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Business Spotlight: Revolution Fitness in La Jolla takes training back to the future

Revolution Fitness in La Jolla uses simple exercise equipment, like kettlebells, to build strength.
Revolution Fitness in La Jolla uses simple exercise equipment, like kettlebells, to build strength.
(Courtesy)

• BUSINESS SPOTLIGHT:

Kettlebells, sandbags, ropes and pull-up bars are far from high-tech exercise equipment, but these simple tools from a bygone era are essential to the unique fitness training provided at Revolution Fitness in La Jolla.

“Our gym is a throwback to the 1850s when Europeans brought gyms to this country,” said Revolution Fitness co-owner and founder Franz Snideman. “There were no exercise machines, just kettlebells, climbing ropes, big medicine balls and a gymnastic apparatus; people did weight lifting and floor tumbling exercises.”

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Revolution Fitness training focuses on building strength while overcoming mobility and flexibility limitations, and the fitness center’s minimalist approach emphasizes teaching clients how to strengthen their body without expensive exercise machines.

Training starts with a comprehensive evaluation of each client’s movement ability.

“We analyze if they can squat, touch their toes, lunge and push themselves off the floor, and then we narrow in on what they need and treat each person in a very holistic way,” Snideman said.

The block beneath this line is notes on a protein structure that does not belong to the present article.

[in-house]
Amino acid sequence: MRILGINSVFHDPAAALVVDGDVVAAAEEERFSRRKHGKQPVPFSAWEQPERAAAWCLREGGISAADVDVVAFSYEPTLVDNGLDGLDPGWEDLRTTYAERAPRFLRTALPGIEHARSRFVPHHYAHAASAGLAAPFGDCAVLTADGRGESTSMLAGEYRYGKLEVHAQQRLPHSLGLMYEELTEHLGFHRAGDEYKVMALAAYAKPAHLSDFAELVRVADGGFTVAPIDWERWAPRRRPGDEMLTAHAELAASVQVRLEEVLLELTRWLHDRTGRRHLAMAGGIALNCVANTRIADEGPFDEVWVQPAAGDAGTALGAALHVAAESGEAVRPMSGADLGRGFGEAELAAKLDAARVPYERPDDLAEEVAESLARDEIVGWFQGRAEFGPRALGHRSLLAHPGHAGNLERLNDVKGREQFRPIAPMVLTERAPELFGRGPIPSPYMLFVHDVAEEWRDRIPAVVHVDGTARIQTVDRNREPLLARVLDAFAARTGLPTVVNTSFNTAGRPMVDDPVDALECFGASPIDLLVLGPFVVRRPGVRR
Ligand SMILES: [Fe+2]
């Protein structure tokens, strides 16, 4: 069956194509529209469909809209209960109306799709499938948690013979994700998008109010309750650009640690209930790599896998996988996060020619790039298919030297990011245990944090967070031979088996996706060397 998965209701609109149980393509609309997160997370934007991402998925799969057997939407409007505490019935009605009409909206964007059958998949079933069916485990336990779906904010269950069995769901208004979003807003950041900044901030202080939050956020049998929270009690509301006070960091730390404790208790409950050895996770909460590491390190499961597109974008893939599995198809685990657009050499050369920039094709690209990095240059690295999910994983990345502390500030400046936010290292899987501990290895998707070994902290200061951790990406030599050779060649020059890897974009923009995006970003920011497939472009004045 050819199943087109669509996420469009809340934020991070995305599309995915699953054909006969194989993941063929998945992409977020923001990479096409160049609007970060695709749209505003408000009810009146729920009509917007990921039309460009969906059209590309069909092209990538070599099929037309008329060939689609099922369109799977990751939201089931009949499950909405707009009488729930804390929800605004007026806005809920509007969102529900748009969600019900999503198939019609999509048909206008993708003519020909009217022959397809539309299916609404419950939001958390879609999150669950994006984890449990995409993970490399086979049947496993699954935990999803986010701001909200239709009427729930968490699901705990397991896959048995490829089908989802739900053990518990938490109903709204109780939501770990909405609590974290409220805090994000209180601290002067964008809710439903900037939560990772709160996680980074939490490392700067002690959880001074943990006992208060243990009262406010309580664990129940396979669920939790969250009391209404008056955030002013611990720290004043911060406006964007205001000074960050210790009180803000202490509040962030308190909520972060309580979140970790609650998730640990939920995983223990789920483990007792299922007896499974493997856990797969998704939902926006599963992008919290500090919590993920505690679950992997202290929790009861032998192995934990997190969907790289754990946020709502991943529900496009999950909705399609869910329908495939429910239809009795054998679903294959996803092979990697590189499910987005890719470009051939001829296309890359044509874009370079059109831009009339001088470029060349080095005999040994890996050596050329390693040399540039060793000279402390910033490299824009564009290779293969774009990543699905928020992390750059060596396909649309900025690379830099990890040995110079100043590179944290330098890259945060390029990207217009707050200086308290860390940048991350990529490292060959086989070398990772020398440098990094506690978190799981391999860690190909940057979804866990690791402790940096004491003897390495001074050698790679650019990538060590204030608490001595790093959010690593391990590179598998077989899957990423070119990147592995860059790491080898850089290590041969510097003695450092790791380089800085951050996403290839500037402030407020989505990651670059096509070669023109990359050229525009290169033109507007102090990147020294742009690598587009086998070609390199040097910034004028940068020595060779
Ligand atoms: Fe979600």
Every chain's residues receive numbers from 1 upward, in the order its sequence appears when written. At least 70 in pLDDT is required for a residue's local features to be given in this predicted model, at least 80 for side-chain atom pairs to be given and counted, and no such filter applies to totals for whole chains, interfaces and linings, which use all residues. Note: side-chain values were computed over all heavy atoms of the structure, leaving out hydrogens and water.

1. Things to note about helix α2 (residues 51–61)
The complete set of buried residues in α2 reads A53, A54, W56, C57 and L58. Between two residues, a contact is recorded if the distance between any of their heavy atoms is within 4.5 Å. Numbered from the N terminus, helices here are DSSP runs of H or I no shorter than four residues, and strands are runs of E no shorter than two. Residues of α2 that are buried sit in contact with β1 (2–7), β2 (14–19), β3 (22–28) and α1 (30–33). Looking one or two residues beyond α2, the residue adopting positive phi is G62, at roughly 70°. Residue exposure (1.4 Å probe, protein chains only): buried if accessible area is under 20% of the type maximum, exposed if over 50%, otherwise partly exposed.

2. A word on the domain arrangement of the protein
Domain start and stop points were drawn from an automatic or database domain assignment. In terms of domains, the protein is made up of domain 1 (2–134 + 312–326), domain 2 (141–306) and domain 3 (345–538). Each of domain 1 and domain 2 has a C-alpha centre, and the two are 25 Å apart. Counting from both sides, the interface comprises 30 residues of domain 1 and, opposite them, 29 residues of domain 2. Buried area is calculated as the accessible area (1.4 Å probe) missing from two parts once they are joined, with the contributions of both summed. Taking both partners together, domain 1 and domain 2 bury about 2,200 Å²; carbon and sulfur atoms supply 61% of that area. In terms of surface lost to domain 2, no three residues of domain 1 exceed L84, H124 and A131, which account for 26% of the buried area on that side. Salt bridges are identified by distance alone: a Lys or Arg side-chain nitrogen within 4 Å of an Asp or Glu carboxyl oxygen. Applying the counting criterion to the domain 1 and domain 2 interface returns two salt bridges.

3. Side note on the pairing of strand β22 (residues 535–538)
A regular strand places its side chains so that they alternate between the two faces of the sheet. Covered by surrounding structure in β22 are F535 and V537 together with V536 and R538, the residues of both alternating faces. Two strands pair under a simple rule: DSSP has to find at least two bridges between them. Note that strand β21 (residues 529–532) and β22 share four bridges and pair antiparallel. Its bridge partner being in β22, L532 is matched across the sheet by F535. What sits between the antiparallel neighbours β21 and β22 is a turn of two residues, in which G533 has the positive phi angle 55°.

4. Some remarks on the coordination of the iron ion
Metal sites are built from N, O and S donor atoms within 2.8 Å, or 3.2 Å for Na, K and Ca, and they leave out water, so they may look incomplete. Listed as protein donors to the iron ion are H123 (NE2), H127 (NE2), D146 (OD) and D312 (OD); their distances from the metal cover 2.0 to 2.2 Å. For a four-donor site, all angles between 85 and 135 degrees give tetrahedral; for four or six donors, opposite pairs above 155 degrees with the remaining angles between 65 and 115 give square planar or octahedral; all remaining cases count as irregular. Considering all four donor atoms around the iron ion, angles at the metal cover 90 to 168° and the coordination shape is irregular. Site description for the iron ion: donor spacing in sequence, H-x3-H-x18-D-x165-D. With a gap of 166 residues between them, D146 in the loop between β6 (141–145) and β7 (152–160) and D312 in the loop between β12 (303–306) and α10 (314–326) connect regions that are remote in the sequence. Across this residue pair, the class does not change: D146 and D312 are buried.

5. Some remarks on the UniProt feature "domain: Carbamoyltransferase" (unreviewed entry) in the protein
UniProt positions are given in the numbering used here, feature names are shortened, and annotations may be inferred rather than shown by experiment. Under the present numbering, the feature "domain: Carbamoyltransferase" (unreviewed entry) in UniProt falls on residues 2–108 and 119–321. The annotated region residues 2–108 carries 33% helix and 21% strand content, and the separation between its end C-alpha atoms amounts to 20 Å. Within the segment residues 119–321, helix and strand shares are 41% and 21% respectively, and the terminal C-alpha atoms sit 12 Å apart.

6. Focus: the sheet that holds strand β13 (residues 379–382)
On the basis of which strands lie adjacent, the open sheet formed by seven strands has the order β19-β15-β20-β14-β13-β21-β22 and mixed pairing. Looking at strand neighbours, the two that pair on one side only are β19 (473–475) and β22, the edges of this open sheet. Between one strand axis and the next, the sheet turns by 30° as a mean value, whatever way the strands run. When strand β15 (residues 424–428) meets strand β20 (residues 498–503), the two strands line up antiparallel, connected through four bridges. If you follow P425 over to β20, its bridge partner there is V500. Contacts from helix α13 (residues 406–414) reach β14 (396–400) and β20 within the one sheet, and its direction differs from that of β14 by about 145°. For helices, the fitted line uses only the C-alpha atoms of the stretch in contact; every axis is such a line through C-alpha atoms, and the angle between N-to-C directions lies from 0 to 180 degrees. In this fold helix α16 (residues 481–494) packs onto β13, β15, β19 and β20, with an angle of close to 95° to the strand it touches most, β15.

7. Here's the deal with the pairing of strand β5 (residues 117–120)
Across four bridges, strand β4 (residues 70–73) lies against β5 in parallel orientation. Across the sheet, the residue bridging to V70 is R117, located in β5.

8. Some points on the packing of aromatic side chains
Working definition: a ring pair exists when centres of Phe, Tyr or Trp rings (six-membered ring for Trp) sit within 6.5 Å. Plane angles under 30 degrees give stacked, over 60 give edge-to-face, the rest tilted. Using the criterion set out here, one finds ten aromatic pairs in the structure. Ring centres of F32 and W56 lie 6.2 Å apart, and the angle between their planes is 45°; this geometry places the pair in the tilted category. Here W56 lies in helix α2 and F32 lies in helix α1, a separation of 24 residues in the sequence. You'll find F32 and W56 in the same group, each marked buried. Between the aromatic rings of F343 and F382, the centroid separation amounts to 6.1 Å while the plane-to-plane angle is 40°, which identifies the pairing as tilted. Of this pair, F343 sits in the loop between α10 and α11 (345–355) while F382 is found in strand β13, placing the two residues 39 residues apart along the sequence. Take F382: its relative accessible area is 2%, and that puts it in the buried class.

He added that customers often seek training to lose weight or reach performance goals.

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“We try to match their goals by what they want and what they actually need,” Snideman said. “We work on their big goals while bringing them up on the deficits they need help with.”

Using ancient tools like the 400-year-old Russian kettlebell is what sets Revolution Fitness apart from other studios.

“The old tools and exercises are fun and effective because they work the whole body,” Snideman said, “And you don’t need to do thousands of exercises; you only need 5-10 exercises to build an amazing healthy body.”

Classes also emphasize ground-based movements like crawling and rolling.

“These movements restore the body’s function and gets people using their hips again,” Snideman said. “More importantly, they engage the left and right hemispheres of the brain.”

Training also involves sandbag lifting to build strength and manipulating 60-foot ropes to make waves. “This gets the heart rate up while stimulating their arms, legs and cardiovascular system,” he said.

Revolution Fitness offers both private, personal and semi-private training and small group classes (five to 15 participants).

— SPECIAL PROMOTION: New customers of Revolution Fitness can receive a free week trial of training by mentioning they read the La Jolla Light.

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Revolution Fitness, 7580 Fay Ave., Suite 101, La Jolla

Hours: Monday through Friday 6 a.m. to 7 p.m., and Saturday 7:30 a.m. to 12:30 p.m. Closed Sunday

(858) 456-7386

revolutionlajolla.com

The Business Spotlight features commercial enterprises that support the La Jolla Light.